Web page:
Theme-This is a hard one.  There is NO real story in this game box, but it also drips theme in a strange, Frankenstein combination of genres.  I don’t have a clue what the heck any of the factions are or why they are fighting.  However, there is a ton of theme here.  Each leader has a full name and title.  These titles get all kinds of fun and the powers reflect it.  The generic unit side also provides you with some fun flare as the various cards have powers that all reflect exactly what you would think a card of that type should do.  Honestly this game feels like a smoothie made by blending the NES game catalog, Final Fantasy Tactics, and an anime collection.  What comes out is tasty and flavorful, but might not always make much sense, like green tea-flavored kit-kat bars.  4.25/5

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Instructions-The rules to this game are thick, but if you just want to play a two player game of it, you will use about ⅕ of it.  The rest of the rules are for alternative game modes and how to use league rules and expansions.  That said, the thing reads well.  It’s a bit wordy because the rules need to explain how you kill your friend and your friend has to see how that is fair in detail, but overall it reads quickly.  It could use a few more pictures, but it’s not bad by any means.  4.75/5

Execution-This box serves two masters reasonably well.  On one side you have players like me-I’ve never played before and this is an excellent jumping on point.  Here is a full box with dividers for your growing collection and two starting decks so you can play in five minutes.  On the other side you have full avid collectors.  Here is a box where you get new cards, new common cards for drafting games, and dividers to make you colection fit in one well-constructed box.  I only have two minor problems with this game: the leader cards in the deluxe box and card icons.  Leader cards are chibi art cards of the leaders without having the basic unit side.  You get several beautiful cards, BUT you don’t get cards for all the units you get in this box.  Why?  That makes me mad–I have toys I can’t use!  The card icons help you quickly figure out how a card works.  And that’s great, but they can be a bit busy.  The overload of icons isn’t on all the cards, but maybe a few less would help improve readability.  These are only slight  annoyances and not nearly enough to completely detract from the beauty of this game.  Want to see all the cards in the box?  Check out our unboxing video here: https://youtu.be/uHSQNmhsFVo 4.5/5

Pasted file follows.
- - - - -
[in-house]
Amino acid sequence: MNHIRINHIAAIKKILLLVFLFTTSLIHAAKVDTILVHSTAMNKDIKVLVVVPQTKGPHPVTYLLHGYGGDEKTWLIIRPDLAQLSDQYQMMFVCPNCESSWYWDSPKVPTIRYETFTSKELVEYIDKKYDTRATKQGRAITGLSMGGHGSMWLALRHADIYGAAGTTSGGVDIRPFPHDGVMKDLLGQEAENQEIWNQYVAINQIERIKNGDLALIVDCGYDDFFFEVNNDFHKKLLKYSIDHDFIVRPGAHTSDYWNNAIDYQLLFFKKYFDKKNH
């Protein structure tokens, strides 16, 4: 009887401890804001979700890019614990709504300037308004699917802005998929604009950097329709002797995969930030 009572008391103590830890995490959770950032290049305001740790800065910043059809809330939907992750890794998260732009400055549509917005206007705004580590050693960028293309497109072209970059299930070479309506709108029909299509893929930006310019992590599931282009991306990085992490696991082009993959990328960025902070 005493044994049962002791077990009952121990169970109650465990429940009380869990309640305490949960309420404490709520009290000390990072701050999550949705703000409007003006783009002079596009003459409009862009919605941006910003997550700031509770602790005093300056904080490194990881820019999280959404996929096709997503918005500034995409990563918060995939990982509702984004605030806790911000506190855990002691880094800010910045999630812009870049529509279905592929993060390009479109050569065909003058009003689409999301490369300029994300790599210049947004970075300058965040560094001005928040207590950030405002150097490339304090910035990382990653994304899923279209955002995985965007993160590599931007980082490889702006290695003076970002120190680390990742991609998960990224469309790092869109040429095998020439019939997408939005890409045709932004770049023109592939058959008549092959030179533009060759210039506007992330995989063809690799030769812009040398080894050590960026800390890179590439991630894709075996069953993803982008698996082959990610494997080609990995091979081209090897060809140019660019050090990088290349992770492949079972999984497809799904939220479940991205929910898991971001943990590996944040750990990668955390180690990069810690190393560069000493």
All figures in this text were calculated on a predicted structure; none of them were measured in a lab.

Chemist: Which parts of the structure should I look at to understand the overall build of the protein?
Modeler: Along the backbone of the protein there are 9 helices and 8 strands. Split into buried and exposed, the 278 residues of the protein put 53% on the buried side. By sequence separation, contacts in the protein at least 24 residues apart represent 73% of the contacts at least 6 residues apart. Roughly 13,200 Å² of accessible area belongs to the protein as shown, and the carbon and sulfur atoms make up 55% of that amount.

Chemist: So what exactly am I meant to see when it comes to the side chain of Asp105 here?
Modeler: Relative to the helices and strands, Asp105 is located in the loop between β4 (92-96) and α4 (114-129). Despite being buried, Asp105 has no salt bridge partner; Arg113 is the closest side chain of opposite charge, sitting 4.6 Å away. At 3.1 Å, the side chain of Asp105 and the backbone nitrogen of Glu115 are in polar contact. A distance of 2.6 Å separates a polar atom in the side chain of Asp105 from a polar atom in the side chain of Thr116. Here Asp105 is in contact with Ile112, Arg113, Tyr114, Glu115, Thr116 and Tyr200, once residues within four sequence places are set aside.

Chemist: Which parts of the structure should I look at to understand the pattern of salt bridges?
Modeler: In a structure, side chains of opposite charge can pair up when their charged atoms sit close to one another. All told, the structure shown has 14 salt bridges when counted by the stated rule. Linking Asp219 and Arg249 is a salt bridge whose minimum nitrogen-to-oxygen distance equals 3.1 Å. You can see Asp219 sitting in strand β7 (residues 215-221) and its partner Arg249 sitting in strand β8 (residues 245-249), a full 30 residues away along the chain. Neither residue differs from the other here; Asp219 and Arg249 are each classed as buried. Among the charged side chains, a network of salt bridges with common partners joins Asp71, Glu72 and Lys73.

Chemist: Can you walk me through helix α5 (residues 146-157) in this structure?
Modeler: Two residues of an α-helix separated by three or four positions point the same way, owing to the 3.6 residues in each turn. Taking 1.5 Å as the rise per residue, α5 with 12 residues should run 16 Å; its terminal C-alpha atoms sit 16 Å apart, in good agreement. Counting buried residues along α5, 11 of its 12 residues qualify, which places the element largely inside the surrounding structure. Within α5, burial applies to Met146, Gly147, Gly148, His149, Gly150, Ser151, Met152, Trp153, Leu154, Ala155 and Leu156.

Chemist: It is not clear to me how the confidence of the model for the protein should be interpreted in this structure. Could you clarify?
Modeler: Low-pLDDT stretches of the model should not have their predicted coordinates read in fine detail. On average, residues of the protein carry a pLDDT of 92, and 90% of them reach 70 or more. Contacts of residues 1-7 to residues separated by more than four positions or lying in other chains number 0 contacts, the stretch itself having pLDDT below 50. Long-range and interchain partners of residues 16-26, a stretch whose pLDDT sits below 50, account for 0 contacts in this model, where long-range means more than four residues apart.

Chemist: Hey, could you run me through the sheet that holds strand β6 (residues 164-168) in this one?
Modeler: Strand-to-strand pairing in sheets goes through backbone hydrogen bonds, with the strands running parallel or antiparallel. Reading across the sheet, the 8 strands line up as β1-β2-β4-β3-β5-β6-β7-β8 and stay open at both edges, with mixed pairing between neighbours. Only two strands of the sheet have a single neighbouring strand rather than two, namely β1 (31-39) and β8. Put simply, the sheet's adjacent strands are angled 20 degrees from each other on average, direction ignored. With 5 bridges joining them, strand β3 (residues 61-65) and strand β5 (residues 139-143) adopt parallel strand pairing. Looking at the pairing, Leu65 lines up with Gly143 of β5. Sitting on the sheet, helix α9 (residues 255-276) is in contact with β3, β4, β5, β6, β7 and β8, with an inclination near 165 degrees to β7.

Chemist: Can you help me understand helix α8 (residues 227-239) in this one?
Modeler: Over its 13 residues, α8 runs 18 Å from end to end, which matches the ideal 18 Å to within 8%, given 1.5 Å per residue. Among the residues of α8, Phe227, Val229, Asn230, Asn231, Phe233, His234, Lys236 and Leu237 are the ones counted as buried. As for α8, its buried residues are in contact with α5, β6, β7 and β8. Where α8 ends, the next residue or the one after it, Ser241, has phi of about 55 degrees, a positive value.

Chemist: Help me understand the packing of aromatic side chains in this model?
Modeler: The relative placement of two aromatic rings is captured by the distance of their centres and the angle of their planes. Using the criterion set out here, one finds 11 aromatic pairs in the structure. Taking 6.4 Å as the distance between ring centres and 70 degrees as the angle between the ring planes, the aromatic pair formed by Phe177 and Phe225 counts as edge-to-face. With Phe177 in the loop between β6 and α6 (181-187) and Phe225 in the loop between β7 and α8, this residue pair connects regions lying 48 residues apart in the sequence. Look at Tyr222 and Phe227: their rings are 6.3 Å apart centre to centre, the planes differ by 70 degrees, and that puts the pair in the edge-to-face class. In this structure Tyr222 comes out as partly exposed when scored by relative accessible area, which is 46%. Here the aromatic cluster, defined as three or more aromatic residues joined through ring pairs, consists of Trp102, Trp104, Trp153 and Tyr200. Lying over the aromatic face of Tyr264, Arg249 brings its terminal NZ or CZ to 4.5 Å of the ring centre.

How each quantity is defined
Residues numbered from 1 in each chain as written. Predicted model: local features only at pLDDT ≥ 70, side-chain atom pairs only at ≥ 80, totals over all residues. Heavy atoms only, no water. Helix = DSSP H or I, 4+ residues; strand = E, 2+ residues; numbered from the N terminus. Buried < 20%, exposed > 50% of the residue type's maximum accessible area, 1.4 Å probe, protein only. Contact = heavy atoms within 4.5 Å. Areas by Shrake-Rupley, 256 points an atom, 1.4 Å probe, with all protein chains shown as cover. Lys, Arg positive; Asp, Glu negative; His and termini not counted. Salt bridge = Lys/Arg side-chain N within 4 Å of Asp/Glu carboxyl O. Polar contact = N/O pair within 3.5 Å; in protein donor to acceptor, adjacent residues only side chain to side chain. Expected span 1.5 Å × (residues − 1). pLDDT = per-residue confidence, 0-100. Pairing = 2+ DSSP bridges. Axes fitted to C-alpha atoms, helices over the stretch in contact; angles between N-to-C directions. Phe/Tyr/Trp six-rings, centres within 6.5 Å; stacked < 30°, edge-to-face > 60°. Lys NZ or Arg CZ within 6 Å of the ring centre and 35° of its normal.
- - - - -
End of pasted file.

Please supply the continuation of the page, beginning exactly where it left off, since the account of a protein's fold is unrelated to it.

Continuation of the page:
Summary-I’ve never been much of a card gamer, but this one does win me over.  I can’t stand the pay-to-win mechanics of Magic, but this game gives me enough strategy and evolving gameplay that I can have a blast for a one-time cost and in a way where I don’t have to spend days learning the complex rules of the game.  I’d like a bit more theme as I don’t know why I’m killing the other player, but It also doesn’t really matter-The cards feel like they should.  The rules are streamlined, if a bit wordy, and the execution of the deluxe box is amazing.  My biggest problem with this box is I want more, which is always a great problem to have.  If you are looking for some classic NES nostalgia, your anime fix, and a fun 20-30 minute strategy game, then this is the game you’re looking for! 91%